Freedom in the World

Freedom in the World 2017

United States

Profile

Freedom Status: 
Free
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Freedom in the World Scores

(0=Least Free, 100=Most Free)
(1=Most Free, 7=Least Free)

Quick Facts

Population: 
323,900,000
Capital: 
Washington, DC
GDP/capita: 
$56,116
Press Freedom Status: 
Free
Net Freedom Status: 
Free
Overview: 

The United States is arguably the world’s oldest democracy. Its people benefit from a vibrant electoral system, a strong rule-of-law tradition, robust freedoms of expression and religious belief, and a wide array of other civil liberties. The United States remains a major destination point for immigrants and has largely been successful in integrating newcomers from all backgrounds. However, in recent years the country’s democratic institutions have suffered some erosion, as reflected in legislative gridlock, dysfunction in the criminal justice system, and growing disparities in wealth and economic opportunity.

Key Developments: 
  • Wealthy businessman Donald Trump, the Republican Party nominee, defeated Hillary Clinton of the Democratic Party in the November presidential election. Although Clinton received the most votes at the national level, Trump won the presidency by securing a decisive majority in the state-based Electoral College.
  • Beginning in October, U.S. intelligence agencies officially accused Russia of interfering in the election process, in part by hacking into the computer systems of the Democratic Party and leaking its internal communications.
  • Supreme Court justice Antonin Scalia died in February, but Republican leaders in the Senate refused to hold confirmation hearings for outgoing president Barack Obama’s nominee to replace him, arguing that the next president should make the appointment. The vacancy remained open at year’s end. 
Executive Summary: 

Celebrity real-estate developer Donald Trump, an outsider candidate with no previous political experience, won the November presidential election after a year-and-a-half campaign. He secured the Republican Party’s nomination in July after defeating a large field of opponents, including several seasoned politicians, in the primary elections. He then scored a major upset in the general election against Democratic Party nominee Hillary Clinton, a former first lady, senator, and secretary of state. Republicans also maintained their majorities in the Senate and the House of Representatives, meaning one party would control both the presidency and Congress for the first time since 2010.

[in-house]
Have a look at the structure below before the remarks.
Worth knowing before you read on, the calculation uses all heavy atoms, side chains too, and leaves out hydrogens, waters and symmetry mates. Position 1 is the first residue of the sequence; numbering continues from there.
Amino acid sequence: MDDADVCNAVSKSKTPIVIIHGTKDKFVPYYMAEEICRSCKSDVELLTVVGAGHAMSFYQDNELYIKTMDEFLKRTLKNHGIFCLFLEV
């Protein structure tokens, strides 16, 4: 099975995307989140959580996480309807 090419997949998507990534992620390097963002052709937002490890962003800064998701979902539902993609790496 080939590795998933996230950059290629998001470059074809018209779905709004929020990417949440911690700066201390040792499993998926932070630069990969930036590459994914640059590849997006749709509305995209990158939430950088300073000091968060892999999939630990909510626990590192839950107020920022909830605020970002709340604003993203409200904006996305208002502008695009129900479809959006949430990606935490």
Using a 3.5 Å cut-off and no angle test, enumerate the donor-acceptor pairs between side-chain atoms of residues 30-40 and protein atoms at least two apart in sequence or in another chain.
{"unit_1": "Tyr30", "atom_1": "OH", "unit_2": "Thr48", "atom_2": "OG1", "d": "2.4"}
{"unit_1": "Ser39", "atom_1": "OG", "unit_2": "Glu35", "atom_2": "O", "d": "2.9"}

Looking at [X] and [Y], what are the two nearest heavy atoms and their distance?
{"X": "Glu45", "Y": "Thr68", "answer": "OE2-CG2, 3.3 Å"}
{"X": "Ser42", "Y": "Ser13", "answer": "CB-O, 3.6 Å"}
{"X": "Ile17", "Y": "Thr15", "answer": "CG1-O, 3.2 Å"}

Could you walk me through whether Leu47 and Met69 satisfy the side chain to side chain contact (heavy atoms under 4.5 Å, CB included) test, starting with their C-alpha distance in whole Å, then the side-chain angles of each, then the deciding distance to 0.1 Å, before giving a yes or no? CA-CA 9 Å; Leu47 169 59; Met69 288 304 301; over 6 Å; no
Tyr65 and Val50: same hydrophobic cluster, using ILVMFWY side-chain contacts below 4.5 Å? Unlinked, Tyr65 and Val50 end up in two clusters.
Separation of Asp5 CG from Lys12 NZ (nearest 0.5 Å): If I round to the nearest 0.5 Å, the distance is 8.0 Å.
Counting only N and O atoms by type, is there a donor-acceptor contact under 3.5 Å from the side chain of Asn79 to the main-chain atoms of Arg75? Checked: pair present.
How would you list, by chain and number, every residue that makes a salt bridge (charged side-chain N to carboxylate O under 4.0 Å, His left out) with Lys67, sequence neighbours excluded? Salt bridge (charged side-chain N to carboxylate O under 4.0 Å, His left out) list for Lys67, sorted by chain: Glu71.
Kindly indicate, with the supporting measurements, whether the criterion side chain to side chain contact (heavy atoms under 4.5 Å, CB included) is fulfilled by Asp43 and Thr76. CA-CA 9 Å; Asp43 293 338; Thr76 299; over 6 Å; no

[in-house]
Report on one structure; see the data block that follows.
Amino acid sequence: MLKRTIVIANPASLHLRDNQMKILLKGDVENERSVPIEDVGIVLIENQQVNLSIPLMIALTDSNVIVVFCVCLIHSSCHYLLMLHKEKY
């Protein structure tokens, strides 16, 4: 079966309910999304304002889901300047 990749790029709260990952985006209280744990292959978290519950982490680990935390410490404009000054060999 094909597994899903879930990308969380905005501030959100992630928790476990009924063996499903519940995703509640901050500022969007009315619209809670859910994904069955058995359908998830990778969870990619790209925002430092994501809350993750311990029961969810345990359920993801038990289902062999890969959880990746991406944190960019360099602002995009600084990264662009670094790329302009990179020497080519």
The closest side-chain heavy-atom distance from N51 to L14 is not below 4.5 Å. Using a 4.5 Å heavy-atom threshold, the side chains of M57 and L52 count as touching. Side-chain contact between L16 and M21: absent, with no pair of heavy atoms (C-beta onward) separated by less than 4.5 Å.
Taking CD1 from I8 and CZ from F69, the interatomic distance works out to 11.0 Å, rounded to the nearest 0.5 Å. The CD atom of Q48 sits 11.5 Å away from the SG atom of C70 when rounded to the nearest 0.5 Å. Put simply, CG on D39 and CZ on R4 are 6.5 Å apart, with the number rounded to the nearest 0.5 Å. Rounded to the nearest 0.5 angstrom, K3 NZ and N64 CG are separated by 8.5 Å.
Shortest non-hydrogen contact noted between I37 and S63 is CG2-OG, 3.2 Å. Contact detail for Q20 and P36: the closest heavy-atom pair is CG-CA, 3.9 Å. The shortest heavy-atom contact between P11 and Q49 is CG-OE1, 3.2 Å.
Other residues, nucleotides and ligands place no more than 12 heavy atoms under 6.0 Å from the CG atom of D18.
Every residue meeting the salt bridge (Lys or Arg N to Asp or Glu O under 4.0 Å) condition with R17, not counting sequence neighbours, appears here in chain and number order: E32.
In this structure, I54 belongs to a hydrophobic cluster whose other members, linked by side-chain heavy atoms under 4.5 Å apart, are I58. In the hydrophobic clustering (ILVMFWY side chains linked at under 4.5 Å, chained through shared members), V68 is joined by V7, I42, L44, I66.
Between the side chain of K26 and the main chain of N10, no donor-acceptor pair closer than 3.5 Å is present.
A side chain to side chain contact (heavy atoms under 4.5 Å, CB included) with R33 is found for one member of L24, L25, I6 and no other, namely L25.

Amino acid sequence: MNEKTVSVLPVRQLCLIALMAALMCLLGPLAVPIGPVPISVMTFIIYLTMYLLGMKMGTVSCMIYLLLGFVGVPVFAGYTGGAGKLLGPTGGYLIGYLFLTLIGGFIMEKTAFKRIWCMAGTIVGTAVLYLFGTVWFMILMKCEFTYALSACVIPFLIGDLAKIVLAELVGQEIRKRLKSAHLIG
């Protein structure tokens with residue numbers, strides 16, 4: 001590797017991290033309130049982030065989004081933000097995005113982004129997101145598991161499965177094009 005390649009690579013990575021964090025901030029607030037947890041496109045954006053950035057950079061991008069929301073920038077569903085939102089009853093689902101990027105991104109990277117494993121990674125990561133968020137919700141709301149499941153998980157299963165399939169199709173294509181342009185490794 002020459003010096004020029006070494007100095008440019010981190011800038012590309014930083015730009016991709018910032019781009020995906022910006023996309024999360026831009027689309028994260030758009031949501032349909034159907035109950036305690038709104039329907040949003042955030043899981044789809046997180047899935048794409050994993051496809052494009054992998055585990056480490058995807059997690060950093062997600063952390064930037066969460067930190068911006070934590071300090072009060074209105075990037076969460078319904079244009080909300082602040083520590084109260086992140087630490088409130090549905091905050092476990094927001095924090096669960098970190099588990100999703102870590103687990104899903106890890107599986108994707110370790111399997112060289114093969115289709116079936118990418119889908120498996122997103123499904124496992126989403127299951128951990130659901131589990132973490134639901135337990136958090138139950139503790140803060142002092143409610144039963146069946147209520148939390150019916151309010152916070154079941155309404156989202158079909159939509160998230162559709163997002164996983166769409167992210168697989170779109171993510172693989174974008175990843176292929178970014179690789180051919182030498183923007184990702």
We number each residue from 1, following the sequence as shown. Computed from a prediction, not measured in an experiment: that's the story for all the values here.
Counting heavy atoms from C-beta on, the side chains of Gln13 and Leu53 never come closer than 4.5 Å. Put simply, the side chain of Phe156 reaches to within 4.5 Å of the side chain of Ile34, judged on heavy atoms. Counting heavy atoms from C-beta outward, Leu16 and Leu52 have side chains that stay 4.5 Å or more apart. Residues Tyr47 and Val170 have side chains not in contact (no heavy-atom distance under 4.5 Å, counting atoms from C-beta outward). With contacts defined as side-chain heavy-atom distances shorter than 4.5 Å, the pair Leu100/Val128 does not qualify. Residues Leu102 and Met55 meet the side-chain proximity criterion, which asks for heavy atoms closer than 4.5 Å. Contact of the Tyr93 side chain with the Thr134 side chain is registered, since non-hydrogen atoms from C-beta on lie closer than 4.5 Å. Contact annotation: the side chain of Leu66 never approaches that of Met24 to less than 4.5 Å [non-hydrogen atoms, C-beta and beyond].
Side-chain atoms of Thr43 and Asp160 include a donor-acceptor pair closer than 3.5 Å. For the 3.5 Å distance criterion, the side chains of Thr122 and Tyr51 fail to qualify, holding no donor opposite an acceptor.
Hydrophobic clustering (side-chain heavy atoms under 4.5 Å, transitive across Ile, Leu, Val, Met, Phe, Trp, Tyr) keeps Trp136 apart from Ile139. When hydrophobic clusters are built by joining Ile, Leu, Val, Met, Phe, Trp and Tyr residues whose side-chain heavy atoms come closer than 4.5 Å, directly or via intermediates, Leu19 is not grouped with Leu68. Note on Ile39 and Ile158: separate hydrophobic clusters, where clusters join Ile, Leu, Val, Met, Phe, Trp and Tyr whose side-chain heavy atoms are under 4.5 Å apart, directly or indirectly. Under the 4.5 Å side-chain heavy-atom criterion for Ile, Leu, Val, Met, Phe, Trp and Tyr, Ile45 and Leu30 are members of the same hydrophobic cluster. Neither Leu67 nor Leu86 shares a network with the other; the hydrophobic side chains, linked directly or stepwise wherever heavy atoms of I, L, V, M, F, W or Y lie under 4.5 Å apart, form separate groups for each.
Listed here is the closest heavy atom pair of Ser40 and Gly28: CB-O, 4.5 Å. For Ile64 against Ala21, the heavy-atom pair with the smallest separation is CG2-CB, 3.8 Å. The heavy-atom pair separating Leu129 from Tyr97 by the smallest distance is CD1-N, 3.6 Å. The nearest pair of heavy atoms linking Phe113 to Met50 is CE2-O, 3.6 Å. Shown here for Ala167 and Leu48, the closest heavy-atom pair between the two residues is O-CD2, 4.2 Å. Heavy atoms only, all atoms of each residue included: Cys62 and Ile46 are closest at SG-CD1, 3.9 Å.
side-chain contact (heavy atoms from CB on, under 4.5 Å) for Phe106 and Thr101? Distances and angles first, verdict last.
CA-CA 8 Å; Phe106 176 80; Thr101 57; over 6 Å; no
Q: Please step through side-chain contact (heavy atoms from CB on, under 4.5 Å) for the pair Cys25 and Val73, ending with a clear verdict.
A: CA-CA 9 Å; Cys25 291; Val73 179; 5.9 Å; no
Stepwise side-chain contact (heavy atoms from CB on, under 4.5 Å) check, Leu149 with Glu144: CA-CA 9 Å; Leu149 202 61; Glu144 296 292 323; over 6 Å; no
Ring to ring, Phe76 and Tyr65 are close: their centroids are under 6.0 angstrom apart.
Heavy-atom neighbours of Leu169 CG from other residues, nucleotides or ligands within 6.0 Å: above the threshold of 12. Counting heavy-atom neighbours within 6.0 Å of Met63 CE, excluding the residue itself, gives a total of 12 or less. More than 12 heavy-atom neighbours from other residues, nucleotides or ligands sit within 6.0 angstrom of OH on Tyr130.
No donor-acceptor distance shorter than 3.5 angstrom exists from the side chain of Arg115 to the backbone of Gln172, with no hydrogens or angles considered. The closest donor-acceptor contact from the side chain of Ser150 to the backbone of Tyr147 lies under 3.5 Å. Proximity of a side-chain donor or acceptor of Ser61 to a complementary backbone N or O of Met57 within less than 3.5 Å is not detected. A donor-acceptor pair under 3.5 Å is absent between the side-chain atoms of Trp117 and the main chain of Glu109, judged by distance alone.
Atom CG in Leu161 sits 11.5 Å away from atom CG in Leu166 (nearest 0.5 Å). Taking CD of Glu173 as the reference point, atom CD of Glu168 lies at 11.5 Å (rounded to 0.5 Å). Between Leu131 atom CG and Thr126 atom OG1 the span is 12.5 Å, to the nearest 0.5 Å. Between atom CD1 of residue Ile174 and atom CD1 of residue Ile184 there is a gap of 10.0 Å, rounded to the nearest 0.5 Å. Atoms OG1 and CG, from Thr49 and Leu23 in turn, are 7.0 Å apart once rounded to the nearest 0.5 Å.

The hard-fought electoral campaign reflected a country that is deeply polarized, not only along party lines, but also along lines of race, gender, geography, and education. Trump ultimately prevailed by winning over white working-class voters in key states, defeating a Clinton coalition that relied more on college-educated white voters and racial and ethnic minorities.

The campaign was also notable for Trump’s use of a personal social media account, live rallies, and other means of communicating directly with voters instead of costly television advertising, the typical centerpiece of campaign messaging in recent elections. The news media challenged the veracity of many of Trump’s campaign statements, most notably his assertion that the election system was rigged in Clinton’s favor.

The election was marred by alleged Russian interference, with U.S. intelligence officials citing strong evidence that hackers tied to the Kremlin had stolen documents from the Democratic Party and leaked them over the course of the campaign period. Clinton’s bid was separately hampered by a federal investigation into her improper use of a private e-mail server during her tenure as secretary of state, though investigators eventually decided against filing charges.

Throughout 2016, President Barack Obama’s legislative agenda continued to be stymied by Republican opposition in Congress. As a result, Obama used executive authority to advance his priorities in areas including the environment, foreign policy, and health and labor standards. Senate Republicans refused to hold confirmation hearings for Obama’s nominee to replace Supreme Court justice Antonin Scalia, who died in February, leaving the court with eight members.

Aggregate Score: 
89
Freedom Rating: 
1.0
Political Rights: 
1
Civil Liberties: 
1

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